Why? What is it, other than sentimental memories of the past, that binds these Jews – especially the younger generation – to countries that despise them, or at least despise their homeland? Why would they not rush home to a country that welcomes them with open arms, offers numerous incentives to live here, boasts a world-class economy and and extremely high standard of living, and, not least of all, is the embodiment of Jewish destiny? In France, in Belgium, in the UK, the stench of anti- Jewish sentiment – thinly disguised as anti-Israelism – permeates the press and all too often spills over into the streets. In Malmo, Sweden, hundreds protest local Jew-hatred by “daring” to actually wear a kippa in public. (Imagine that!) The mosques continue to proliferate, Islam grows exponentially and the ghosts of the Holocaust lurk eerily in the shadows.

WHICH BRINGS us to the United States and Canada: magnificent nations that span from sea to shining sea and have afforded our people an unprecedented freedom to be who we want to be and live in affluence and anonymity.

But who can predict what the future holds? Who knows with certainty just how long American benevolence will hold? What scenario, what combination of economic, geopolitical or sociological factors might combine to turn paradise into purgatory? And even if the good times do continue to roll, how dare we reject our own God-given land for a place in the Exile, no matter how sunny it may be? This past week, a Jewish cultural center, including a Holocaust museum, was dedicated in Dnepropetrovsk, Ukraine. This seven-tower, 20-story center and museum complex includes an Institute for Jewish Culture as well as a memorial to 40 of the major synagogues that existed in Dnepropetrovsk before the savage reign of the Nazis. It cost an estimated $60 million to build – that is six-oh, folks. Jewish dignitaries from all over the world attended the opening, including Israel’s chief rabbi, who proudly affixed a mezuza to the door, and my dear friend, Diaspora Affairs Minister Yuli Edelstein, who waxed poetic about this great achievement.

“Great achievement?” With all due respect, I have a slightly different word for the event: Obscene. Sixty million dollars – much of it Jewish money – meant to prop up and promote Jewish life in Ukraine? Ukraine – arguably among the very worst populations, along with the Latvians, the Lithuanians and the Dutch – which gleefully, zealously assisted the Germans in their obsessive attempt to murder every Jew on Earth.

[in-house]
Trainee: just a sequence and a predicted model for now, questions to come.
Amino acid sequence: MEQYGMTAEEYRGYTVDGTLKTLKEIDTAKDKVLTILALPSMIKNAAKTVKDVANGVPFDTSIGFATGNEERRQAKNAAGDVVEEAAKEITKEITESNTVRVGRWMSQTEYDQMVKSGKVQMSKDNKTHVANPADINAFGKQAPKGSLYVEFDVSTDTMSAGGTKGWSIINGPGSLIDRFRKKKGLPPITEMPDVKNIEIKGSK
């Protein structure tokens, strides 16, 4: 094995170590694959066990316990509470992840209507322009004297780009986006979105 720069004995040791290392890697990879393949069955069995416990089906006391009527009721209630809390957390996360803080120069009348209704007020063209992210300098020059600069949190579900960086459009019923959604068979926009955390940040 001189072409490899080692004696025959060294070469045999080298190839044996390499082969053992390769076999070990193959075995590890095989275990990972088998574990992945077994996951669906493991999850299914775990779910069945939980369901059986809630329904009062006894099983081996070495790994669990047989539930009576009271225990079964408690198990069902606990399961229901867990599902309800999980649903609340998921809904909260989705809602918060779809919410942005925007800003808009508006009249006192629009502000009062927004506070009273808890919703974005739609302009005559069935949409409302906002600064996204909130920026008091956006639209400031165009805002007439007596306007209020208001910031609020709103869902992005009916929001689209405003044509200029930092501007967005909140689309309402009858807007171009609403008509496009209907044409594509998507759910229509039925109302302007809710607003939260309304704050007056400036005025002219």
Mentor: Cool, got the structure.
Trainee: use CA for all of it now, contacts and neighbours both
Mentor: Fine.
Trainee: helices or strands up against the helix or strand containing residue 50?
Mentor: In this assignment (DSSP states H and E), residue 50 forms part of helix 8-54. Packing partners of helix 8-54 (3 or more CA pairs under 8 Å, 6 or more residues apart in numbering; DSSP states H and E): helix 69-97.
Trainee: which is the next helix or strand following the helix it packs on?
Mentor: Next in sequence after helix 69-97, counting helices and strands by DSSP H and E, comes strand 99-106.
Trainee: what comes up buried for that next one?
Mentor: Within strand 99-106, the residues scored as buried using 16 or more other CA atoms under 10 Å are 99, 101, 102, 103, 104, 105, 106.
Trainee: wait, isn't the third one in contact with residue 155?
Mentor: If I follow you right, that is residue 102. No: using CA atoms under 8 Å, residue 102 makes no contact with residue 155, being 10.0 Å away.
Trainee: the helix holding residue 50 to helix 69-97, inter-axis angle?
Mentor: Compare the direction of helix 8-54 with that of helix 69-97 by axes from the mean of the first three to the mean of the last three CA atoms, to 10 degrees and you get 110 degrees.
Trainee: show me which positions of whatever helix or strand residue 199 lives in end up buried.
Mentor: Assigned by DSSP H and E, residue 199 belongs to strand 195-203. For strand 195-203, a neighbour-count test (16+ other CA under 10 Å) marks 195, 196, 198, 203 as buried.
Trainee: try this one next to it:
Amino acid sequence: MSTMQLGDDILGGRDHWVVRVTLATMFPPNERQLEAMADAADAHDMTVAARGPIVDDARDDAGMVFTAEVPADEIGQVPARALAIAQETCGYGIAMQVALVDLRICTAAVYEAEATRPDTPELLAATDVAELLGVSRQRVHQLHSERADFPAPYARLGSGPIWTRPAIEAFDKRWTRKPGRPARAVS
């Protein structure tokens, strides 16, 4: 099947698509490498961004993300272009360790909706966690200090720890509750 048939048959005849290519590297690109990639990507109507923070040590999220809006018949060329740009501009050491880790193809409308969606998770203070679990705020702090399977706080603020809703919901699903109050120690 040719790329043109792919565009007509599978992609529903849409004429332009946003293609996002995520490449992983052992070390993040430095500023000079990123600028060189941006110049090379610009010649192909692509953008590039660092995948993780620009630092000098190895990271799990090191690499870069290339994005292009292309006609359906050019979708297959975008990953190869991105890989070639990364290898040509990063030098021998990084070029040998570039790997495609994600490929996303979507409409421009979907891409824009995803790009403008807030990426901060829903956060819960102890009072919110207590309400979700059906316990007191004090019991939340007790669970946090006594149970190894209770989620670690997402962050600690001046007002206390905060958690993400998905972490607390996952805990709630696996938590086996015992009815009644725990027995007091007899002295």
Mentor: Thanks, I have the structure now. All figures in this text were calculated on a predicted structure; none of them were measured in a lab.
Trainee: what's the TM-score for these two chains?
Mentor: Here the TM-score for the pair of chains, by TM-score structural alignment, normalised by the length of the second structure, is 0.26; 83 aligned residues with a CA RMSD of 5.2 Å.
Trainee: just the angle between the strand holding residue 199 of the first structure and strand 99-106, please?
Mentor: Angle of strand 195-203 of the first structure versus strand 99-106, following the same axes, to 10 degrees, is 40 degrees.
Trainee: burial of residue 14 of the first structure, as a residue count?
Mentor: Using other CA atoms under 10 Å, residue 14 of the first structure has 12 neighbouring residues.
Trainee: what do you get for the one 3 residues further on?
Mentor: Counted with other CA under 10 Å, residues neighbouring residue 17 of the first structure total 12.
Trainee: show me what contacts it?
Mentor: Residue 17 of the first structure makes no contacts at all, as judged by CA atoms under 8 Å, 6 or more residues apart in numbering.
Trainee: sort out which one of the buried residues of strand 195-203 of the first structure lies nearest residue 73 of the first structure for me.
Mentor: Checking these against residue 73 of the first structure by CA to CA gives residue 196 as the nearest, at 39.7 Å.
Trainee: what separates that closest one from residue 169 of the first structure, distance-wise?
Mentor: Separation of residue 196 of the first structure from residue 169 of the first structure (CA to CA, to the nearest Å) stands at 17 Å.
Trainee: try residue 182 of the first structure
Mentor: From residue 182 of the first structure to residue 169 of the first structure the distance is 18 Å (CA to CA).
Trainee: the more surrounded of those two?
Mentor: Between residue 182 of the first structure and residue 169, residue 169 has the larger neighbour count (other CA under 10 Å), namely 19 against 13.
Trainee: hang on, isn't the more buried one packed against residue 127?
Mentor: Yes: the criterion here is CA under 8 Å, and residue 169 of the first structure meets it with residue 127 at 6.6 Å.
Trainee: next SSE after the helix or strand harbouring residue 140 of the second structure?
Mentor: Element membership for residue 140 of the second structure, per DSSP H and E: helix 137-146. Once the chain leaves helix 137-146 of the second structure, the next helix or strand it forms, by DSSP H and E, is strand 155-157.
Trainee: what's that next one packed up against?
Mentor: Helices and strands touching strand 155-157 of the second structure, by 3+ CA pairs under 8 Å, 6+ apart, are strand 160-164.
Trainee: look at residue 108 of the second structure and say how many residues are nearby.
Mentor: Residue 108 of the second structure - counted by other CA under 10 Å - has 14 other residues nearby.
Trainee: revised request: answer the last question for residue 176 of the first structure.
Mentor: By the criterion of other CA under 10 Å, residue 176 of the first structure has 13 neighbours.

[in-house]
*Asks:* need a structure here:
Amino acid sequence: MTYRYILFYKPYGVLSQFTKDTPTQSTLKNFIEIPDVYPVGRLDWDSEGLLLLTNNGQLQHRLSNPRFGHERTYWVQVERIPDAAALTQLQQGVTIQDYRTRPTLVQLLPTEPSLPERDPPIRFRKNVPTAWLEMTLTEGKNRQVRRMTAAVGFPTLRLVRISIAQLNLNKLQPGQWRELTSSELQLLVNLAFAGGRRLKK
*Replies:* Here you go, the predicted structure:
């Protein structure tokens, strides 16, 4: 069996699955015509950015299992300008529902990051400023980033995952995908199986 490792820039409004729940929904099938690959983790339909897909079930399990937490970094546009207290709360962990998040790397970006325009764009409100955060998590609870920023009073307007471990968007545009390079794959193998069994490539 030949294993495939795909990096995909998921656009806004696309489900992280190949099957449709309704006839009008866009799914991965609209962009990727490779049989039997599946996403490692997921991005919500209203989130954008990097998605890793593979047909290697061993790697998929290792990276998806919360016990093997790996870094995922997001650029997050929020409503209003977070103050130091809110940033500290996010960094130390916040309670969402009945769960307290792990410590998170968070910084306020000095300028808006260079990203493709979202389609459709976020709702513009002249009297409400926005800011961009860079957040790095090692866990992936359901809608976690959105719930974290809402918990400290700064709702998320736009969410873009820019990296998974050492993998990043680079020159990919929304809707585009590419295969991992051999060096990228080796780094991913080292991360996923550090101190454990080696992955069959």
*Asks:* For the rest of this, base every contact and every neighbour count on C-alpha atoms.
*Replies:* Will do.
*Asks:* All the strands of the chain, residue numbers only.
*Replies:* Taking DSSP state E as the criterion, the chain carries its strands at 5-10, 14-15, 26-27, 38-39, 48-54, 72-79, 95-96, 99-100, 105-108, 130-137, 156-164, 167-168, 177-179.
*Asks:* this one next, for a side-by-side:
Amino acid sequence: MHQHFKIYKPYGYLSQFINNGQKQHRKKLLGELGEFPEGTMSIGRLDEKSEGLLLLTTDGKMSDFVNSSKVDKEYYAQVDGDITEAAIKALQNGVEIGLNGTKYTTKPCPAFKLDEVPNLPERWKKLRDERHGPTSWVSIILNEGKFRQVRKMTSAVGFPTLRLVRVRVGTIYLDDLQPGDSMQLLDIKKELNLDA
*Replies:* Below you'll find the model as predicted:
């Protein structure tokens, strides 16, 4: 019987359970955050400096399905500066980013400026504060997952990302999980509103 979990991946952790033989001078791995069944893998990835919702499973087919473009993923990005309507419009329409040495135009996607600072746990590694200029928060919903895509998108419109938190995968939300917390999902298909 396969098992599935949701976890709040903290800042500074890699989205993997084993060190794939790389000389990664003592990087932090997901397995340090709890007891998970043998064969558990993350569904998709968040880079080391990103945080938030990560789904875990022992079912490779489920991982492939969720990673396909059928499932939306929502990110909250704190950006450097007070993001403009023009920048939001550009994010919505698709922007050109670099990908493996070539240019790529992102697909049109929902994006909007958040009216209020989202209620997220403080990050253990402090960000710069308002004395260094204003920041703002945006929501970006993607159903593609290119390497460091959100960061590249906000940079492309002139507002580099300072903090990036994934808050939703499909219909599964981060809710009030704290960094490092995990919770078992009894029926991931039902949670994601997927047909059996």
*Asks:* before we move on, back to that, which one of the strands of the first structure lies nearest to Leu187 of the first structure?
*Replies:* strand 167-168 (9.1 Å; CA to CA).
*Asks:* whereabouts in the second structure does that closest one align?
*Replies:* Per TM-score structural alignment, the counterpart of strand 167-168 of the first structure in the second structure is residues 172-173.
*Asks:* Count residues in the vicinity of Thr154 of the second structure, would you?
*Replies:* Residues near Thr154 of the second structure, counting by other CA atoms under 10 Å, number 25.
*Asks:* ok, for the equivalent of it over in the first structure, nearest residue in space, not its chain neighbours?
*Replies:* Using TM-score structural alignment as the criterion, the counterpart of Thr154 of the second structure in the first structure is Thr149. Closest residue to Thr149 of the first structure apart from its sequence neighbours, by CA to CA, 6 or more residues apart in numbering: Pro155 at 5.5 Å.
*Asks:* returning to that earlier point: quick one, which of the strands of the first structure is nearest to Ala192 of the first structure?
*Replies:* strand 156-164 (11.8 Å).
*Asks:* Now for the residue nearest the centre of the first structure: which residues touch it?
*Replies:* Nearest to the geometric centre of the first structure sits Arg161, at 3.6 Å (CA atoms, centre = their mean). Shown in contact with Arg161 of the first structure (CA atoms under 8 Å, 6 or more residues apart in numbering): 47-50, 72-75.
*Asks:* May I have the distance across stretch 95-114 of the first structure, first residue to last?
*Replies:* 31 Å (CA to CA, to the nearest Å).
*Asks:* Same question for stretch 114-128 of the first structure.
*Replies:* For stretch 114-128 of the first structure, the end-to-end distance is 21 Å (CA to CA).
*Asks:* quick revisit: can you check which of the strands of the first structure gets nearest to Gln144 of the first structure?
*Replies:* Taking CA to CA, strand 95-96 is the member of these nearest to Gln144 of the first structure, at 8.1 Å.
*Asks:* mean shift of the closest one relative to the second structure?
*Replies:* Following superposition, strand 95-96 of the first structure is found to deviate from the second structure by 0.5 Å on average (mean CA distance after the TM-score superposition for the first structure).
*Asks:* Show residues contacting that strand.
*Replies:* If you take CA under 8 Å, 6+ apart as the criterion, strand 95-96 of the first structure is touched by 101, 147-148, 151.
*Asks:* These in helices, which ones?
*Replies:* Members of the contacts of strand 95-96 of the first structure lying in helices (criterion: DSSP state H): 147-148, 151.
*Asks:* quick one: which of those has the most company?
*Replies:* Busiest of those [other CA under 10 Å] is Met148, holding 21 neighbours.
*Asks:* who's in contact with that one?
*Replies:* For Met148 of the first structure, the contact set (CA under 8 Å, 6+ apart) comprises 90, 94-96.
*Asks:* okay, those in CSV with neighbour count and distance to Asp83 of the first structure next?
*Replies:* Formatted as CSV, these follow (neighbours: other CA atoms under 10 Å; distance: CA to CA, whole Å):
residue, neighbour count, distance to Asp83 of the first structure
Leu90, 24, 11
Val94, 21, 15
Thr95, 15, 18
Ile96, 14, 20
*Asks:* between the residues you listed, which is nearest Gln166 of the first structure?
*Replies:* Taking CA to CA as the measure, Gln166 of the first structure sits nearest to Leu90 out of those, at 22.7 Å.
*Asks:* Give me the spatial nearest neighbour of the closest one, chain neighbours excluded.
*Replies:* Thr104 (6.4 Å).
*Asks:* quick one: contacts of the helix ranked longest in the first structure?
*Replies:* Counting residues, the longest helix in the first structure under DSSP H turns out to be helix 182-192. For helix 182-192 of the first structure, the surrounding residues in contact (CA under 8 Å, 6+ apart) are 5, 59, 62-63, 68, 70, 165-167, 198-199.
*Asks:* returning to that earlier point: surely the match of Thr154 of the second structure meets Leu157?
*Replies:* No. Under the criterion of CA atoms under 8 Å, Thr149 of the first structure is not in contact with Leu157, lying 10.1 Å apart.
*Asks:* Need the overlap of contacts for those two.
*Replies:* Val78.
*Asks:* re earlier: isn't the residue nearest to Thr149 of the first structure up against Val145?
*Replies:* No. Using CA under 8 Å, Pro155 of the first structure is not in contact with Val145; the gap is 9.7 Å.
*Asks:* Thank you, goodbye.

And we want to glorify and expand Jewish life there? Had I been the minister invited to speak at the event, I would have emphasized three words only: “Location, location, location.” Israel is the place where we build Jewish life. Israel is where the arrow of history is pointing. Israel is the future.

If Holocaust and pogrom and radical Islam is the question, then Israel is the answer. The only answer.

There are two eras in Jewish history. The first era, which lasted approximately 2,000 years, began with Abraham, Isaac and then Jacob, who led his family into exile, where we survived the ravages of Egyptian slavery, among other indignities, until finally making our way back to the Holy Land, where we built two Temples and were forged into a nation. We lost our independence when Jerusalem was destroyed, but we have spent the last 2,000 years – the second era – clawing our way out of the black hole and reestablishing ourselves as a whole people once more, complete with our own native land.

Our accomplishments are many and mighty, but the challenge still remains. It is a call to faith to every Jew who believes in God, or in his rightful place in history.

It is the affirmation of our right to be, the justification of our very existence since the day we first crossed the Euphrates River. It is a cause both holy and happy, rigorous but supremely rewarding. But it is not to be met in Malmo or Marseille, in Cape Town or Cologne, in Dallas or Dnepropetrovsk.

It has only one address, read from right to left. All the other locales are just stops along the way; lovely places to visit, but we should not want to live there.

The writer is director of the Jewish Outreach Center of Ra’anana and a Ra’anana city councilman; www.rabbistewartweiss.com; jocmtv@netvision.net.il